Environmentalists mourn death of a pioneer
The founder of Friends of the Earth and the Sierra Club’s first Executive Director, David Brower, has died aged 88.
David Brower died on 5 November, aged 88, at his house in Berkeley, California. He has been described as shaping the face of the modern environmental movement, founding Friends of the Earth (FOE) , League of Conservation Voters and the Earth Island Institute, and helped guide the Sierra Club to national prominence.
Brower, a Sierra Club member since 1933, served as its first executive director from 1952 to 1969. Under his leadership the organisation’s membership rose from 2,000 to 77,000 members. The organisation is the US’s oldest and largest grassroots environmental group and now has over 600,000 members nationwide.
Perhaps Brower’s best-known accomplishment was his success during the 1960s in leading a Sierra Club campaign to block two hydroelectric dams proposed for the Grand Canyon. Brower took out full-page ads in the New York Times equating the proposal to flooding the Sistine Chapel. He also led Sierra Club efforts to pass the Wilderness Act, halt dam construction in the Dinosaur National Monument, and to create Kings Canyon, North Cascades and Redwoods National Parks and Point Reyes and Cape Cod National Seashores. He was also nominated for the Nobel Peace Prize three times, and launched a genre of large-format conservation photo books to heighten public awareness of wildlands.
Brower founded Friends of the Earth in the United States in 1969 after becoming frustrated at the conservative orthodoxy of mainstream nature conservation. Friends of the Earth combined nature conservation with a new and radical approach to protecting the planet. David Brower coined the phrase “think globally, act locally”, as the founding motto for Friends of the Earth. Today FOE describes itself as “the largest environmental organisation in the world” with groups in 68 countries.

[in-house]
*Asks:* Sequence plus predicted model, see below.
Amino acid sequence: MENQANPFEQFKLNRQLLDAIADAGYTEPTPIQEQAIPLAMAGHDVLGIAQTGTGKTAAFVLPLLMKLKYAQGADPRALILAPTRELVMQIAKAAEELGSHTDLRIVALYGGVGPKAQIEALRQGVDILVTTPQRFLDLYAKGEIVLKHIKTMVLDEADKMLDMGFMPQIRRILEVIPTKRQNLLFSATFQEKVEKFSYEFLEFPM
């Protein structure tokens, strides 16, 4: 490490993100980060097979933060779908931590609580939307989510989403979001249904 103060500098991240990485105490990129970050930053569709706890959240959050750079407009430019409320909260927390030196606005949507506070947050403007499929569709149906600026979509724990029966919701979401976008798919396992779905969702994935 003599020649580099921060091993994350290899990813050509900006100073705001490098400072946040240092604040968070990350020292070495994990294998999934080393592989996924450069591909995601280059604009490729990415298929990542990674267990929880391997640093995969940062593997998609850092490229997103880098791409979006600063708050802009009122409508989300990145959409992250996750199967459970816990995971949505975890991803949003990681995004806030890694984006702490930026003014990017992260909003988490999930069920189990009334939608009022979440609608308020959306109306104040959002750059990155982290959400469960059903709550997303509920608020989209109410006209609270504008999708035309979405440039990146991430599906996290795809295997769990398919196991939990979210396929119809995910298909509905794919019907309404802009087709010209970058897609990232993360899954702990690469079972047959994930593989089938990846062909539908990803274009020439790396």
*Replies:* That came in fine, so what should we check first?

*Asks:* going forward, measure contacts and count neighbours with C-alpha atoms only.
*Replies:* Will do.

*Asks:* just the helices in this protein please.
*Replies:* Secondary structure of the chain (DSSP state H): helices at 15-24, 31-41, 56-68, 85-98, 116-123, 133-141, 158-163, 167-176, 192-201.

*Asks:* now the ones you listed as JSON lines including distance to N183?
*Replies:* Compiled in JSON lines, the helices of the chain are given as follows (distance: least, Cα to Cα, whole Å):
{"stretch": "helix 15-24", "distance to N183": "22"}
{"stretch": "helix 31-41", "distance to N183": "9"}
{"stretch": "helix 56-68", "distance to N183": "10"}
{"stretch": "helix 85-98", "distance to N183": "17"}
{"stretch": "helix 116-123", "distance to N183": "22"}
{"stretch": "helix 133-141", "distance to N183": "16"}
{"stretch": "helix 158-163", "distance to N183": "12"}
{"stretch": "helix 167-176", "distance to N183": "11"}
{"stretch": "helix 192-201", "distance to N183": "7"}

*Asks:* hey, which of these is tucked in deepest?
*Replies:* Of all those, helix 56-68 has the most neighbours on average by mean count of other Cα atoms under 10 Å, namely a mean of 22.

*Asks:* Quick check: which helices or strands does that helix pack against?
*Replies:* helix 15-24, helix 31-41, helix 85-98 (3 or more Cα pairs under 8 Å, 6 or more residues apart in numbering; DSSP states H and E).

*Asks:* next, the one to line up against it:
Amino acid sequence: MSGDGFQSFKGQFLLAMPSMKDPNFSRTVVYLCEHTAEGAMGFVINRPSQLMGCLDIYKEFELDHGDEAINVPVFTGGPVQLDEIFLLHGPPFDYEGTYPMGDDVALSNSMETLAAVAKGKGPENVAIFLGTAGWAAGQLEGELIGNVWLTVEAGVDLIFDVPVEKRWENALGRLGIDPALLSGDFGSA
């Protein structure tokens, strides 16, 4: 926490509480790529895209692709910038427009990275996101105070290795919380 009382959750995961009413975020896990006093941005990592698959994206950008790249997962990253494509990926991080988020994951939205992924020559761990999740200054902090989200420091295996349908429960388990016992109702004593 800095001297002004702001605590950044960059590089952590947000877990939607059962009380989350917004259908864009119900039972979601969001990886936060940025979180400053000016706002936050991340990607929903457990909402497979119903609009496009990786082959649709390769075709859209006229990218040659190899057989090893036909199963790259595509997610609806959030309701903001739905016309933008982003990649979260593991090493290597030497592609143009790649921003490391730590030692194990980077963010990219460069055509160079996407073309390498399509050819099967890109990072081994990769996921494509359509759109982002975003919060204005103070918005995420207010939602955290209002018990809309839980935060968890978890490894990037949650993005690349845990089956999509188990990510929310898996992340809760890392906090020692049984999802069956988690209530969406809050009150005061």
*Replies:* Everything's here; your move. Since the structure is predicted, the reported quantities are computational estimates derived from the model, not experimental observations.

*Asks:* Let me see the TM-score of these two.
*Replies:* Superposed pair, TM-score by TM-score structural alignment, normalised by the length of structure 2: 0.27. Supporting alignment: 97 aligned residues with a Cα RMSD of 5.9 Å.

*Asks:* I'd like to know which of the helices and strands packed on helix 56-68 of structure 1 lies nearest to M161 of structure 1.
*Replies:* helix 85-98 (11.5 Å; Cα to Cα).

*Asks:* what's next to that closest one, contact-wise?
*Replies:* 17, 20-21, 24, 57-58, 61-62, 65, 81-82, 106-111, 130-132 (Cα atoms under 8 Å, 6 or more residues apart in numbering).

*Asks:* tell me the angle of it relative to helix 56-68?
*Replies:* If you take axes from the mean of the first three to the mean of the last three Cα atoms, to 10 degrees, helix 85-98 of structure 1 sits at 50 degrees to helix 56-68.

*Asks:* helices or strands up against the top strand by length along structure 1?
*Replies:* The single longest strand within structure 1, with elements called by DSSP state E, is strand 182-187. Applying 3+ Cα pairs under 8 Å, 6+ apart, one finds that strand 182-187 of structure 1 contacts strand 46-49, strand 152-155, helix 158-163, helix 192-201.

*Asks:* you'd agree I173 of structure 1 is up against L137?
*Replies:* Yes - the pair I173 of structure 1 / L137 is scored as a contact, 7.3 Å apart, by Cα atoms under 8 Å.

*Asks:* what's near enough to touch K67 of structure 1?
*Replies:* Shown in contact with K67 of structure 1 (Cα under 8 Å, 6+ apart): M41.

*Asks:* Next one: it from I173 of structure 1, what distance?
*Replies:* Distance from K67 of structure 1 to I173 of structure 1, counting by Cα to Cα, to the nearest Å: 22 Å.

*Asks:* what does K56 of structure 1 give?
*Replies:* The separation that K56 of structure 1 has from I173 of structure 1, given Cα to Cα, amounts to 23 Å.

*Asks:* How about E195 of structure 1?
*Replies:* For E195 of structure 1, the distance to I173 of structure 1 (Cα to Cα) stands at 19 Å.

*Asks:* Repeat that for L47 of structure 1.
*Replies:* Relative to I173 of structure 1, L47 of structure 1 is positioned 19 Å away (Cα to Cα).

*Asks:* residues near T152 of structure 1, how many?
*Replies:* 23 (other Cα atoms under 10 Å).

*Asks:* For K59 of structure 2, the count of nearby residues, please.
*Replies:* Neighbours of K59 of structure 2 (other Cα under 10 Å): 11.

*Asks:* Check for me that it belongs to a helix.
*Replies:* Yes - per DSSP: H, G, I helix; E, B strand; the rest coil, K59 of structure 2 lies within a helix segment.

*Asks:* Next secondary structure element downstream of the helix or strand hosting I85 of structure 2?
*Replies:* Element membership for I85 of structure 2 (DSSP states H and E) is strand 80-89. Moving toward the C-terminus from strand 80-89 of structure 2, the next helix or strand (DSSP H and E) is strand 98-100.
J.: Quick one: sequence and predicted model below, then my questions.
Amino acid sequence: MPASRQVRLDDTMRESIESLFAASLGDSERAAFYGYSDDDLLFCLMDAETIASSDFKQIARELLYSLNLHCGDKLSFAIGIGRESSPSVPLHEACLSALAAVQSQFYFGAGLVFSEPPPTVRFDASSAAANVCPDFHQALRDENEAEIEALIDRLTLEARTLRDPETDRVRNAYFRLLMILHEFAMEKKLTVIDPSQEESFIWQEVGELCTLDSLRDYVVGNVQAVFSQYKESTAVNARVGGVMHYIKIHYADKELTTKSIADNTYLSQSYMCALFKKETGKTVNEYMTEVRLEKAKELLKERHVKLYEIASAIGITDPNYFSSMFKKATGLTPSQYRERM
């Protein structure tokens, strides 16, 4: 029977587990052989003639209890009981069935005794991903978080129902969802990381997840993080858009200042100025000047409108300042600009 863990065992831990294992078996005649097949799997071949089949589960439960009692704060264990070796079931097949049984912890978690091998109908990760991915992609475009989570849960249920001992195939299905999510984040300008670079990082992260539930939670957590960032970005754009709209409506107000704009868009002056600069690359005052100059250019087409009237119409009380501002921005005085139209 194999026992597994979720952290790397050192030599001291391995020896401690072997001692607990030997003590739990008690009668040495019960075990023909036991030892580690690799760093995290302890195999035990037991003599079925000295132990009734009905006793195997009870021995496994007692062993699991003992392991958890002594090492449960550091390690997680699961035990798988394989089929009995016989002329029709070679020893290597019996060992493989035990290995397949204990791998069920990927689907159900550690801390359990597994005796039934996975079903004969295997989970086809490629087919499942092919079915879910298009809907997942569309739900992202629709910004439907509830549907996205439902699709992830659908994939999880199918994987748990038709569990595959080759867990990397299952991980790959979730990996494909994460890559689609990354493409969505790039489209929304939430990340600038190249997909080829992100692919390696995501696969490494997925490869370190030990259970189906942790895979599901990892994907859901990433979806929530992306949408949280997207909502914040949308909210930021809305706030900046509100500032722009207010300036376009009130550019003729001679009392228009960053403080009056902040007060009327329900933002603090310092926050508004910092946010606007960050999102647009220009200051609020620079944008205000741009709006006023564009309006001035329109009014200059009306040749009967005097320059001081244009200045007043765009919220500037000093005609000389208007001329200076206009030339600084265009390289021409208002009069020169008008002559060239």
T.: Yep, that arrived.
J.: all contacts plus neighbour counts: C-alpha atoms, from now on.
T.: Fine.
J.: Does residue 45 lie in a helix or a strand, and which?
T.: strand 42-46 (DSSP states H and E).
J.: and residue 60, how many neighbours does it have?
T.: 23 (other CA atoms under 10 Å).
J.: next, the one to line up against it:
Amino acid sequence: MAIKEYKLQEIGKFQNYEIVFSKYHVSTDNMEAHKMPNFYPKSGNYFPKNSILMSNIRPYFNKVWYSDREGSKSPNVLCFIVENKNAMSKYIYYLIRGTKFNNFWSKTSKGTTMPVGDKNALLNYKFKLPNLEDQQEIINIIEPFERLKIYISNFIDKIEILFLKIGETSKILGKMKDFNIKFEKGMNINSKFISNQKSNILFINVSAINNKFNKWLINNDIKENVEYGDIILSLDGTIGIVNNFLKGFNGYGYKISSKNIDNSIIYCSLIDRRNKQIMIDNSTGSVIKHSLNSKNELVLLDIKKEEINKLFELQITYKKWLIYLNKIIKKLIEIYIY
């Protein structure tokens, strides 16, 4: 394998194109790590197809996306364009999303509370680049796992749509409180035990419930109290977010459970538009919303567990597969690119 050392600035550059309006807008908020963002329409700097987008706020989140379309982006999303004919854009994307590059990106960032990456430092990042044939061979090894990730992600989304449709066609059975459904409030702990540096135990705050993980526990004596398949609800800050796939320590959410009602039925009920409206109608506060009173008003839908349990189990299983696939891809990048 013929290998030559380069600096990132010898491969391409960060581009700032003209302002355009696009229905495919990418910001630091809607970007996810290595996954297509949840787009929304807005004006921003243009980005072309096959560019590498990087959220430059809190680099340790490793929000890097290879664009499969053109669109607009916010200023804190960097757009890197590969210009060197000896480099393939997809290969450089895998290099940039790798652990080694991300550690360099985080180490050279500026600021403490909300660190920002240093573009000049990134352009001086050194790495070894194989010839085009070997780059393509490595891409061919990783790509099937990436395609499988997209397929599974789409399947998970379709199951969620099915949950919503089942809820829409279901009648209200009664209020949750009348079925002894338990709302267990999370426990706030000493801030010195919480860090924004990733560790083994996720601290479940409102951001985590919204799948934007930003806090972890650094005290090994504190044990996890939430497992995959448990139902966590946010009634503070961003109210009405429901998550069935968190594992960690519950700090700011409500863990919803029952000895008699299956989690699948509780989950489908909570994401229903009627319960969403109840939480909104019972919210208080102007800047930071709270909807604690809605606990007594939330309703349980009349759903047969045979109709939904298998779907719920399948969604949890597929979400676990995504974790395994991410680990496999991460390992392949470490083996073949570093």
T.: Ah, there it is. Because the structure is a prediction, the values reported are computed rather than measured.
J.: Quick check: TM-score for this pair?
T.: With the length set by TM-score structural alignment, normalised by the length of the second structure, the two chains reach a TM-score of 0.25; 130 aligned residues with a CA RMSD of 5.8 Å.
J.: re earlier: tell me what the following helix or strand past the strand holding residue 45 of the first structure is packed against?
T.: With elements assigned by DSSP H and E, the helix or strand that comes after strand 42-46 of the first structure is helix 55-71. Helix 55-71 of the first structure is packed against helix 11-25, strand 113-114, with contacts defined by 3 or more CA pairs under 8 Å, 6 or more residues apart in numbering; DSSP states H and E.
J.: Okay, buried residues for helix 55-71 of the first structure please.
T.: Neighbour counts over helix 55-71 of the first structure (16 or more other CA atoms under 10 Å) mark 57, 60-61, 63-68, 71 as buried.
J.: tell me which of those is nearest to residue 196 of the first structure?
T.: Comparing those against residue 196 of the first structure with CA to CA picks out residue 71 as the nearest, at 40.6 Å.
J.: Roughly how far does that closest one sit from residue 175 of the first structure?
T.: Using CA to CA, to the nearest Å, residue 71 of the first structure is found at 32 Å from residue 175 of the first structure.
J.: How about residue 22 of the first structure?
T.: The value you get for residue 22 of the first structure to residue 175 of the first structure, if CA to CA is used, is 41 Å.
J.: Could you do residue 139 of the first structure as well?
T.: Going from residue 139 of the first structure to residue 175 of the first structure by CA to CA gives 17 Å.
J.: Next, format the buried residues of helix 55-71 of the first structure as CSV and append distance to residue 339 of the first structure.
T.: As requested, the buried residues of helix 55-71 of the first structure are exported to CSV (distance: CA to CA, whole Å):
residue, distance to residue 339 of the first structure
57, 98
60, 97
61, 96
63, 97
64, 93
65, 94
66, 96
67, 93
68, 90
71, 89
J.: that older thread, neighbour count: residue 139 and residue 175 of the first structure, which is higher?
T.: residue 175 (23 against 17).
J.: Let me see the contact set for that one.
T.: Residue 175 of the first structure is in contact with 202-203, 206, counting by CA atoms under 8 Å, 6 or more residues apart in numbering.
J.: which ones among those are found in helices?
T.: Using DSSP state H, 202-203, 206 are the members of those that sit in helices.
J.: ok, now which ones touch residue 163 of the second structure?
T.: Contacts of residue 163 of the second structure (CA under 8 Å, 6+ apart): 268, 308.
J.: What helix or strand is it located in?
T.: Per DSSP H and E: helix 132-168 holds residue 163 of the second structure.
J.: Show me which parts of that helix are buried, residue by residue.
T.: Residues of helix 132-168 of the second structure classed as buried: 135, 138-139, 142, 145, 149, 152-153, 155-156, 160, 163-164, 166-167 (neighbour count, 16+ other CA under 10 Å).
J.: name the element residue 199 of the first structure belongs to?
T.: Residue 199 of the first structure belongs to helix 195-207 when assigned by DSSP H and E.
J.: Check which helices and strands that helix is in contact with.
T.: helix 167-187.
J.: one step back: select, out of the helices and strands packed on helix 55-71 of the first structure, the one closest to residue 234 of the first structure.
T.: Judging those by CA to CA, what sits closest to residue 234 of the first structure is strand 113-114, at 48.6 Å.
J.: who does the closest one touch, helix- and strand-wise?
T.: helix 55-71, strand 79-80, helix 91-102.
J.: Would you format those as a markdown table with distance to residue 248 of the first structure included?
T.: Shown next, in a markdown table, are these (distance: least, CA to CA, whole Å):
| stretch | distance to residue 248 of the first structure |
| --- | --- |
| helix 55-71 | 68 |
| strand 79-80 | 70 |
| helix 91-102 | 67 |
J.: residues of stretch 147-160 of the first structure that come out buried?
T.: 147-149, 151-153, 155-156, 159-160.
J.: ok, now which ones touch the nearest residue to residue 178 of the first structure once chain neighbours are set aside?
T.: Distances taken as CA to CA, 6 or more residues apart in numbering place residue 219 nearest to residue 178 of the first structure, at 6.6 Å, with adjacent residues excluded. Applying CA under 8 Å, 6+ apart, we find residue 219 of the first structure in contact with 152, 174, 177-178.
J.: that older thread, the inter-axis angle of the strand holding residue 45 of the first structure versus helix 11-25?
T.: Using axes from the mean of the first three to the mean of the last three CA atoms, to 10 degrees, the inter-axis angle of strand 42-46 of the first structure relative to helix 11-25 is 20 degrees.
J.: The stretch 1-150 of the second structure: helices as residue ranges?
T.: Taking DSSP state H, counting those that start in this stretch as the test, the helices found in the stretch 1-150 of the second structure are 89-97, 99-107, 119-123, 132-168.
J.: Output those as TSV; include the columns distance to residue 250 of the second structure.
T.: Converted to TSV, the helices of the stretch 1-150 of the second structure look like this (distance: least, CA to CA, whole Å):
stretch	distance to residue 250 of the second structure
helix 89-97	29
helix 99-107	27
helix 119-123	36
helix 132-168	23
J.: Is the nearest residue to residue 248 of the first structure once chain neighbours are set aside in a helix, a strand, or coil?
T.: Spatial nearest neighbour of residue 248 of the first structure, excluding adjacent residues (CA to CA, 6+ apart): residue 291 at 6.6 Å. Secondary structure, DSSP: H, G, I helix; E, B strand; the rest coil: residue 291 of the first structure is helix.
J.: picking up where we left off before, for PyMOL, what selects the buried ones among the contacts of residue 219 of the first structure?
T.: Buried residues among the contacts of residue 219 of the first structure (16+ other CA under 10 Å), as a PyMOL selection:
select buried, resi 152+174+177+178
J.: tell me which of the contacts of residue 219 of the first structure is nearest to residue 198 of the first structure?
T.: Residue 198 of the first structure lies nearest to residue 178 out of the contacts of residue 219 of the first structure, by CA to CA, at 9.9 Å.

In 1982 Brower founded Earth Island Institute, an umbrella organisation “supporting and incubating innovative environmental projects around the world.”. The organisation is based in San Francisco, is the home of the Brower Fund and the Brower Youth Awards. Brower also established The League of Conservation Voters, a non-partisan political group with over nine million members. It is the only US environmental organisation which aims to educate citizens about the environmental voting records of Members of Congress.
“The world has lost a pioneer of modern environmentalism,” said Sierra Club’s president, Dr. Robert Cox. “If not for David’s leadership, the Grand Canyon could well have been dammed, but he led the fight tooth and nail to preserve that awesome treasure. “Today’s environmental movement and landscape have been, in large part, shaped by David’s energy, ideas and leadership”, said Sierra Club Executive Director Carl Pope. “Because of his unrelenting efforts, our families can explore and enjoy wildlands from the California coast to Alaska to Cape Cod in their most spectacular, pristine beauty. David’s vision also helped environmentalists embrace the concept of living sustainably, within the earth’s capacity to provide for us. From family planning to ending commercial logging on public lands, David’s efforts to promote sustainability have made people think deeply about the long-term consequences of their behaviours.”
“He was a truly visionary man whose radical agenda has now become the mainstream”, commented Charles Secrett, Director of Friends of the Earth UK. “David’s death is a huge loss to the environment movement worldwide. But the legacy he leaves is a network of campaigning groups across the world that continues to fight for both people and the planet.”
“We have sadly lost the most inspirational leader of efforts to protect and restore the Earth,” stated Dave Phillips, Executive Director of Earth Island Institute, reminding environmentalists that it was Brewer who first convinced them to become anti-nuclear campaigners.
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